Thyboron, Denmark


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The largest naval battle in history took place 55nm west of Thyboron, Denmark. In 1916, 99 ships German High Seas fleet faced 151 ships of the British Grand Fleet in the World War I Battle of Jutland. One of the reasons we’d stopped at Thyboron was to visit the Sea War Museum there, with its many meticulously-restored salvaged artifacts and excellent displays about the battle and related events.

Below are trip highlights from October 7th in Thyboron, Denmark. Click any image for a larger view, or click the position to view the location on a map. And a live map of our current route and most recent log entries always is available at mvdirona.com/maps

10/7/2018
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Dawn

Our first Danish sunrise on Dirona, looking east from our moorage at Thyboron yacht harbour.
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Fiskehallen

The Thyboron Fiskehallen (“fish hall”) aglow in the morning sun.
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Fixed Dock

We’re tied off to a fixed dock with about two feet of tidal range, so don’t need a lot of slack on our lines. But we did allow more slack than the boat in front of us.
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Step

One of the items we brought back from our last trip to Seattle was a folding step-stool. It’s lightweight, folds flat, stows easily in the cockpit locker under the BBQ, and makes getting on and off the boat at fixed piers much easier.
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Fiskehallen

We had a fresh seafood lunch at Fiskehallen overlooking the harbour.
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Electra

A Buick Electra 225 convertible was out cruising on this sunny Sunday afternoon. This is from an era when American cars were BIIIIG.
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Transformer Station

Historic transformer station built in 1919 during the construction of Thyboron Harbour.
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Thyboron Kanal

Jennifer looking out to sea across Thyboron Kanal. We passed through here yesterday.
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Radar Station

Old World War II radar station off Thyboron Kanal.
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Sea War Museum

Back in July of this year, blog reader Lars-Henrik K. Arvedsen suggested we enter Denmark at Thyboron and go to the Sea War Museum there, then cruise east through the Limfjord. That eventually became our plan, and we’ve been looking forward to our visit ever since.
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Battle of Jutland

Display showing the ships that took part in the 1916 World War I Battle of Jutland. Ninety-nine ships of the German High Seas fleet (right) faced 151 ships of the British Grand Fleet roughly 55nm west of Thyboron, in the first and only meeting of the two fleets and the largest naval battle in history. While in Belfast last year, we’d toured the only surviving ship from that battle, the HMS Caroline.
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Sunk Ships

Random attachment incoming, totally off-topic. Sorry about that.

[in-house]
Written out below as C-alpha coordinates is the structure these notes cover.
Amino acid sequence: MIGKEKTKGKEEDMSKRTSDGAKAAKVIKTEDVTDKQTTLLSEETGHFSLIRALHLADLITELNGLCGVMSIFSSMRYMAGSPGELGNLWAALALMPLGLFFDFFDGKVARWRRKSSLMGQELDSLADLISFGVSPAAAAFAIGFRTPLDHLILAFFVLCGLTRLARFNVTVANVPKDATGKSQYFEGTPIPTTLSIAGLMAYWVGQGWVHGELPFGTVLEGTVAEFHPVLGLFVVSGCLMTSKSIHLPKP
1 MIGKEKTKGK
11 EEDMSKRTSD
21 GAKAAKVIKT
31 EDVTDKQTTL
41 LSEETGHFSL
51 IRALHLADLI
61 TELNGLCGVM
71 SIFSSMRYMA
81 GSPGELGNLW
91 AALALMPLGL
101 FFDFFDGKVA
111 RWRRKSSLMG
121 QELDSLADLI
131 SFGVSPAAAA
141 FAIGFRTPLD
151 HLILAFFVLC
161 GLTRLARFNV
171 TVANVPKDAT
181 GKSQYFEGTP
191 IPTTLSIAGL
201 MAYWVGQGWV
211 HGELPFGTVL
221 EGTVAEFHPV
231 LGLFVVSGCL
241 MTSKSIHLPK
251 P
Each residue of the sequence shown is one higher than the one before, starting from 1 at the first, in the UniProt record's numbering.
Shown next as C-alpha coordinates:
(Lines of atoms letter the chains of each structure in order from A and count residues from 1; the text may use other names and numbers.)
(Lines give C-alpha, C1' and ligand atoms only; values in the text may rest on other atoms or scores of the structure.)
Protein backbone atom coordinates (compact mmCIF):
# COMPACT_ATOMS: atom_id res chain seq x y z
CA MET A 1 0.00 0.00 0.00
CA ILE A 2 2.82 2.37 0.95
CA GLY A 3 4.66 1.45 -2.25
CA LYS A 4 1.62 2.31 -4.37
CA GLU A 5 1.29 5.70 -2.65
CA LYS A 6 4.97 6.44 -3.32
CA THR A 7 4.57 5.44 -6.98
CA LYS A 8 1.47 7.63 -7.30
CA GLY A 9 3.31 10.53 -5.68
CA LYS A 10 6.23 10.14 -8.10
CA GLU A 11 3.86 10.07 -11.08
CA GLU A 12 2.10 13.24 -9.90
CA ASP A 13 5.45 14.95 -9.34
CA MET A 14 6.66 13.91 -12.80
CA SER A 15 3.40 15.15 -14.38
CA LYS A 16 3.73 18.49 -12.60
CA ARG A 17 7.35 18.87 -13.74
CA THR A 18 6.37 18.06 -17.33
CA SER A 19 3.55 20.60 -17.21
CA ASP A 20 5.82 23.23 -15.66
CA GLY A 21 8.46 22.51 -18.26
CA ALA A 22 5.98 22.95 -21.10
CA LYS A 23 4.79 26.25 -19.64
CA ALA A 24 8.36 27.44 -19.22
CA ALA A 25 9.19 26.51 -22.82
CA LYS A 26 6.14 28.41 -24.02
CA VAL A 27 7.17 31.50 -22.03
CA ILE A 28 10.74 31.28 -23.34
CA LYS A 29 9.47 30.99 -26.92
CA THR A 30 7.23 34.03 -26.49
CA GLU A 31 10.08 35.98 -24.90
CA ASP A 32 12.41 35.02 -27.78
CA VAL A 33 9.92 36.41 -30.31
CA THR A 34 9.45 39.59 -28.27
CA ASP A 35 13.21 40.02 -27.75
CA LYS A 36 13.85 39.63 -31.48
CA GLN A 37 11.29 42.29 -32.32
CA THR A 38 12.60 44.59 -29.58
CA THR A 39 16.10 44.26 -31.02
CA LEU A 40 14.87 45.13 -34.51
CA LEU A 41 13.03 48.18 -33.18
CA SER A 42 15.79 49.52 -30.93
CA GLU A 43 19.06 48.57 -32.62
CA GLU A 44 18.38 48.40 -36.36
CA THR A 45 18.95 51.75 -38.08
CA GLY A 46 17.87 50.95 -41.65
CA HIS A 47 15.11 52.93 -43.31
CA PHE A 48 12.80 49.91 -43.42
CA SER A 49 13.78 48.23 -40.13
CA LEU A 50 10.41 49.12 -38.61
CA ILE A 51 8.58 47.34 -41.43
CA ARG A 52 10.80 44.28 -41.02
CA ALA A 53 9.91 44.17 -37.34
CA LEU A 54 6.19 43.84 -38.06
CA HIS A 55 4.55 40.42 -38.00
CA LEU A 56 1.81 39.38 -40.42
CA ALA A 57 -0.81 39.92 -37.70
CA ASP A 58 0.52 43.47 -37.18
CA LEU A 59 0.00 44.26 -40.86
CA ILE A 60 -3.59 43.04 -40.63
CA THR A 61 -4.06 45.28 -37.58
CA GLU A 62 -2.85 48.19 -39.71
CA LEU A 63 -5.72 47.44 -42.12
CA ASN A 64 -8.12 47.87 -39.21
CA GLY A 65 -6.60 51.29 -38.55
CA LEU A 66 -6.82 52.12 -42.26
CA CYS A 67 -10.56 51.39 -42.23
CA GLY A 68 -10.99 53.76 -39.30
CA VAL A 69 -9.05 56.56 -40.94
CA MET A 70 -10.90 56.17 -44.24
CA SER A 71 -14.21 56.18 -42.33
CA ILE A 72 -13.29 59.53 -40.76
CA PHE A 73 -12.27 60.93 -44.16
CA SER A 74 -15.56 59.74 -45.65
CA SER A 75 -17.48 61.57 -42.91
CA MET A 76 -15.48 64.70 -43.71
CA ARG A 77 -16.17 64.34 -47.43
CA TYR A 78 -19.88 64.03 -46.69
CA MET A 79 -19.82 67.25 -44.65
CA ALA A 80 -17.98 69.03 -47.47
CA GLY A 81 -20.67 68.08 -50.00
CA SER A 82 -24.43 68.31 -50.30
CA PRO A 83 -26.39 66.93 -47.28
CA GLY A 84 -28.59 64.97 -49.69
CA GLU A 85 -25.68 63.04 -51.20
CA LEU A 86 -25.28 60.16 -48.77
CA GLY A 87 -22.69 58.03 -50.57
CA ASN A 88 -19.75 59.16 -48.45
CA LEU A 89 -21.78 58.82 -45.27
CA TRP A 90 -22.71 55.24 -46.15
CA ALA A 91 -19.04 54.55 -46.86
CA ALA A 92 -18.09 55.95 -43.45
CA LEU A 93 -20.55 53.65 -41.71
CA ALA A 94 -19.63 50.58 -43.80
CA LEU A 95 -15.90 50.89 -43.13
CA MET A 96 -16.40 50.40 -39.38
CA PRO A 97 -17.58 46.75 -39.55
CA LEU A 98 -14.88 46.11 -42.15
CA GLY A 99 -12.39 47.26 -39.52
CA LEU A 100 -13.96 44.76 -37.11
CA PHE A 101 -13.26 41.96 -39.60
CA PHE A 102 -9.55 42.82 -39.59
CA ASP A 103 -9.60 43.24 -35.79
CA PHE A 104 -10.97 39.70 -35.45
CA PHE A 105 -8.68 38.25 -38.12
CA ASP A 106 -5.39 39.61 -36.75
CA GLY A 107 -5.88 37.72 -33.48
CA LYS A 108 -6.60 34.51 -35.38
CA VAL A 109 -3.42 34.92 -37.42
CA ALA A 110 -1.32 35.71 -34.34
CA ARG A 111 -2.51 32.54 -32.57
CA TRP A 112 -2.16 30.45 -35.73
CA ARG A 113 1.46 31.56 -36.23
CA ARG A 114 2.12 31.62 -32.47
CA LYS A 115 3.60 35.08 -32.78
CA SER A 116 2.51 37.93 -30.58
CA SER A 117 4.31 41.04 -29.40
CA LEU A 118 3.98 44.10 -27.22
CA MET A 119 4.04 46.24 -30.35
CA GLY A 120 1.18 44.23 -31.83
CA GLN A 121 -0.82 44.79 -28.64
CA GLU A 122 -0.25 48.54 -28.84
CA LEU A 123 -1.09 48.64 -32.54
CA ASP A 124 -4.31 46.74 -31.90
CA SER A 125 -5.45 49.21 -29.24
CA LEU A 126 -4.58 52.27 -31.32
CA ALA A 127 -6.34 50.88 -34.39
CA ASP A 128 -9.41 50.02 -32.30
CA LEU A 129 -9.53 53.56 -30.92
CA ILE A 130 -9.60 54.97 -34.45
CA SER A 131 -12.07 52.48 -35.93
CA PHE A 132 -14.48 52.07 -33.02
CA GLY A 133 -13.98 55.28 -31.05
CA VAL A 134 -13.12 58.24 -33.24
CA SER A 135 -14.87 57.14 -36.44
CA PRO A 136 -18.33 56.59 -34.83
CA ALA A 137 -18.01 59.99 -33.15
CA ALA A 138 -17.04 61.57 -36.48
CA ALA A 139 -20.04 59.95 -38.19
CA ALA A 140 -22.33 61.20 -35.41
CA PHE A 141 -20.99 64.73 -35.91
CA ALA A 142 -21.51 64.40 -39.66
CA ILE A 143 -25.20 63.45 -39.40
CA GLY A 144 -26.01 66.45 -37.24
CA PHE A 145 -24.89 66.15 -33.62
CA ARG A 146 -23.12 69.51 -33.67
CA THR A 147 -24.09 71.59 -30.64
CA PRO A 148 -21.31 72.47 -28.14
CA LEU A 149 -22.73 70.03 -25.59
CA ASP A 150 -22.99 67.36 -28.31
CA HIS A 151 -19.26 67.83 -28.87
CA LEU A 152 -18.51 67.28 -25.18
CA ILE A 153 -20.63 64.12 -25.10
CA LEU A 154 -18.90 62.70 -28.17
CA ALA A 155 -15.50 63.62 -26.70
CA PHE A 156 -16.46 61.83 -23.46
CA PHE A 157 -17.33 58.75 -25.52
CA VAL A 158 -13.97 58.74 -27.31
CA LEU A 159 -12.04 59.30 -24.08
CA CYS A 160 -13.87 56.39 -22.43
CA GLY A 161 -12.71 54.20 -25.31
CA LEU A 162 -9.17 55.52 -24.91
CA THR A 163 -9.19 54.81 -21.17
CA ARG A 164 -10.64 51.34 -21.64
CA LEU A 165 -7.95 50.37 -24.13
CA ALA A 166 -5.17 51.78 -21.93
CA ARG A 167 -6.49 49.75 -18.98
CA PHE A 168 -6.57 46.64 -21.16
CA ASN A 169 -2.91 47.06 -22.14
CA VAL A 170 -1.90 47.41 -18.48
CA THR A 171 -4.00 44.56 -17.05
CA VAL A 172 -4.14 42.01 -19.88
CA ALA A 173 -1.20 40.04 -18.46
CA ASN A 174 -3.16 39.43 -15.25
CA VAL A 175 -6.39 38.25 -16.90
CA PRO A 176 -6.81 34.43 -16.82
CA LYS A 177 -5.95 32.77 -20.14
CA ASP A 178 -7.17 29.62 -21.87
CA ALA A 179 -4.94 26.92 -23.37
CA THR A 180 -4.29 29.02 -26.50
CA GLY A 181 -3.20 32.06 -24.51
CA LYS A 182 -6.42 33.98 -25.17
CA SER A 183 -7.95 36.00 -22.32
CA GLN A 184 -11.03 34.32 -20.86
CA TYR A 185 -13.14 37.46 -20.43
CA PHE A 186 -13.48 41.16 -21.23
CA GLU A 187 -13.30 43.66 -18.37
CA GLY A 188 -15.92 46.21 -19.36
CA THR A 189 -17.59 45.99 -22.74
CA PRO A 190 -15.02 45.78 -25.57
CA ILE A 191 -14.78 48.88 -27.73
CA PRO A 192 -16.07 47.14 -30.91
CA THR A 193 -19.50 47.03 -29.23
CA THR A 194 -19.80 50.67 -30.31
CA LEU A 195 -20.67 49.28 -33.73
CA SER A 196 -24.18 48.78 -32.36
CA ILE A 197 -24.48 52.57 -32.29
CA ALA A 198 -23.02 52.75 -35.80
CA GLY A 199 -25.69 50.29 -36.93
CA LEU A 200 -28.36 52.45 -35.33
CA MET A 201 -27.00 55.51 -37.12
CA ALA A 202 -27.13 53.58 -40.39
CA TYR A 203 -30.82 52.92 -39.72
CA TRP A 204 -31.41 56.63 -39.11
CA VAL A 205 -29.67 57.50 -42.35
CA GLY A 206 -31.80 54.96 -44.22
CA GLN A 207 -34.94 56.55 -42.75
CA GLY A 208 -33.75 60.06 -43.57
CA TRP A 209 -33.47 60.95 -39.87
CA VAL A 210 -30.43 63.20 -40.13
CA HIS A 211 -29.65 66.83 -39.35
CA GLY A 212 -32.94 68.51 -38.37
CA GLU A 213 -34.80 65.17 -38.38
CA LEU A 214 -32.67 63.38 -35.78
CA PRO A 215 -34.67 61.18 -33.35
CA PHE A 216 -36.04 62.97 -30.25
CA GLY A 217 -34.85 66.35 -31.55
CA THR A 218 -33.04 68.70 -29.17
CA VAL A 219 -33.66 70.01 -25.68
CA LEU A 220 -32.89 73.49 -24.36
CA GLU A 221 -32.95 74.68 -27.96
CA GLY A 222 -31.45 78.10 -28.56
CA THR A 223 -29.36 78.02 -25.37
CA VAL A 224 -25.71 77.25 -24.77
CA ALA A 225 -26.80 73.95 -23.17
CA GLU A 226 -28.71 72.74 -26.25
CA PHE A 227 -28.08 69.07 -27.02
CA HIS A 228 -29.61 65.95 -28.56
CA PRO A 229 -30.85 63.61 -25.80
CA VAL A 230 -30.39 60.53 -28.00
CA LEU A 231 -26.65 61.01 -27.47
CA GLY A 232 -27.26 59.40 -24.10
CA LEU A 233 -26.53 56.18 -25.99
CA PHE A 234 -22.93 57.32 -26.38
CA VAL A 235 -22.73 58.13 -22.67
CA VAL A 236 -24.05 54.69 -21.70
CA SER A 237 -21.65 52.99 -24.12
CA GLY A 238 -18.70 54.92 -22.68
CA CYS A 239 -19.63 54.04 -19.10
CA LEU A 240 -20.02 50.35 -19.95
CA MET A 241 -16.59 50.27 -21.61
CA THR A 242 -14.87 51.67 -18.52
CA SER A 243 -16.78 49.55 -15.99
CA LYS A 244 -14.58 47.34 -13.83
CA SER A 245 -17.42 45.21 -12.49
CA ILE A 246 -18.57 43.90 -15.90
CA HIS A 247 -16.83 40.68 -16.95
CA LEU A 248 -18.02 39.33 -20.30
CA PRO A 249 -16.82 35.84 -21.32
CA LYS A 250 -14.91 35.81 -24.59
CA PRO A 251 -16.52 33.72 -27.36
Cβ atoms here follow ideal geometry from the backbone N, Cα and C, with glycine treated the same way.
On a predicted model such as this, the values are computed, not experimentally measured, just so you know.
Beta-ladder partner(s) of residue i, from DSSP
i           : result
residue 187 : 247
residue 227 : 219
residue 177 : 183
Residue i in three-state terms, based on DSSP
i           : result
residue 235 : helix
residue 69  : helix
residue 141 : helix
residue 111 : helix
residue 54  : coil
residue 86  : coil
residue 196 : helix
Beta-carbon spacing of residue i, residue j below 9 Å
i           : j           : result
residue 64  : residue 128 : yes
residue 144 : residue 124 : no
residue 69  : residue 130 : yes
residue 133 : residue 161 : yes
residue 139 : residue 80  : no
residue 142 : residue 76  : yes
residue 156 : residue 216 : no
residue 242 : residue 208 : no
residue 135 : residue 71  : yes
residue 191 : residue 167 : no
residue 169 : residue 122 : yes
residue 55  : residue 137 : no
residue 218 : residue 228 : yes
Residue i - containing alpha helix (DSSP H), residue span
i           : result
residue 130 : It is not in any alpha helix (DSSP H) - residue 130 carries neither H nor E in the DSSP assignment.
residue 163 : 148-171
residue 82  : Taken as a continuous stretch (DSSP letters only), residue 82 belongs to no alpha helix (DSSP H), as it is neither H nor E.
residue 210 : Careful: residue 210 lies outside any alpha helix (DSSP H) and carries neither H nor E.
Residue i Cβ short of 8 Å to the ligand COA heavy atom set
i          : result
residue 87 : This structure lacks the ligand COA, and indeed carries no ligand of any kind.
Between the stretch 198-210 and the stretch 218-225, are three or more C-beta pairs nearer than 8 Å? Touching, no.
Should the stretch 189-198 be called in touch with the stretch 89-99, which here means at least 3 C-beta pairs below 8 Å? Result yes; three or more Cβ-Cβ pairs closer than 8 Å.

The Battle of Jutland had no clear winner, but 25 ships and 9,000 lives were lost. This display shows the names and relative location of each ship that sank.
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Conning Tower

Brass connning tower from British World War I submarine E-50, lost in Feburary of 1918, one of many restored artifacts in the museum’s collection. The tower was made of brass to not interfere with the ship’s compass.
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Restoration

The Sea War Museum was well-worth visiting, with excellent displays and information about the Battle of Jutland and related events. We were particularly impressed with the many meticulously-restored salvaged artifacts.
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Separated at Birth?

This photograph of a person restoring an artifact at the museum looked surprisingly like James.
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Memorial

Outside the Sea War Museum is the Battle of Jutland Memorial Park. The memorial includes a stone for each ship sunk, placed relative to their positions on the seabed, and will eventually have a figure standing with the stone for each life lost. This stone represents the HMS Invincible with a loss of 1,026 lives.
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Torpedoes

A display of torpedoes and casings outside the Sea War Museum.
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Barriers

Erosion barriers on the coast, looking northwest across the Thyboron Kanal entrance from sea.
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Port of Thyboron

Looking across the Port of Thyboron from the heavily-protected sea wall.
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Seaside Cafe

We had a enjoyable dinner overlooking the harbour at the cosy Seaside Cafe.

Show locations on map Click the travel log icon on the left to see these locations on a map, with the complete log of our cruise.

On the map page, clicking on a camera or text icon will display a picture and/or log entry for that location, and clicking on the smaller icons along the route will display latitude, longitude and other navigation data for that location. And a live map of our current route and most recent log entries always is available at mvdirona.com/maps.

 
 


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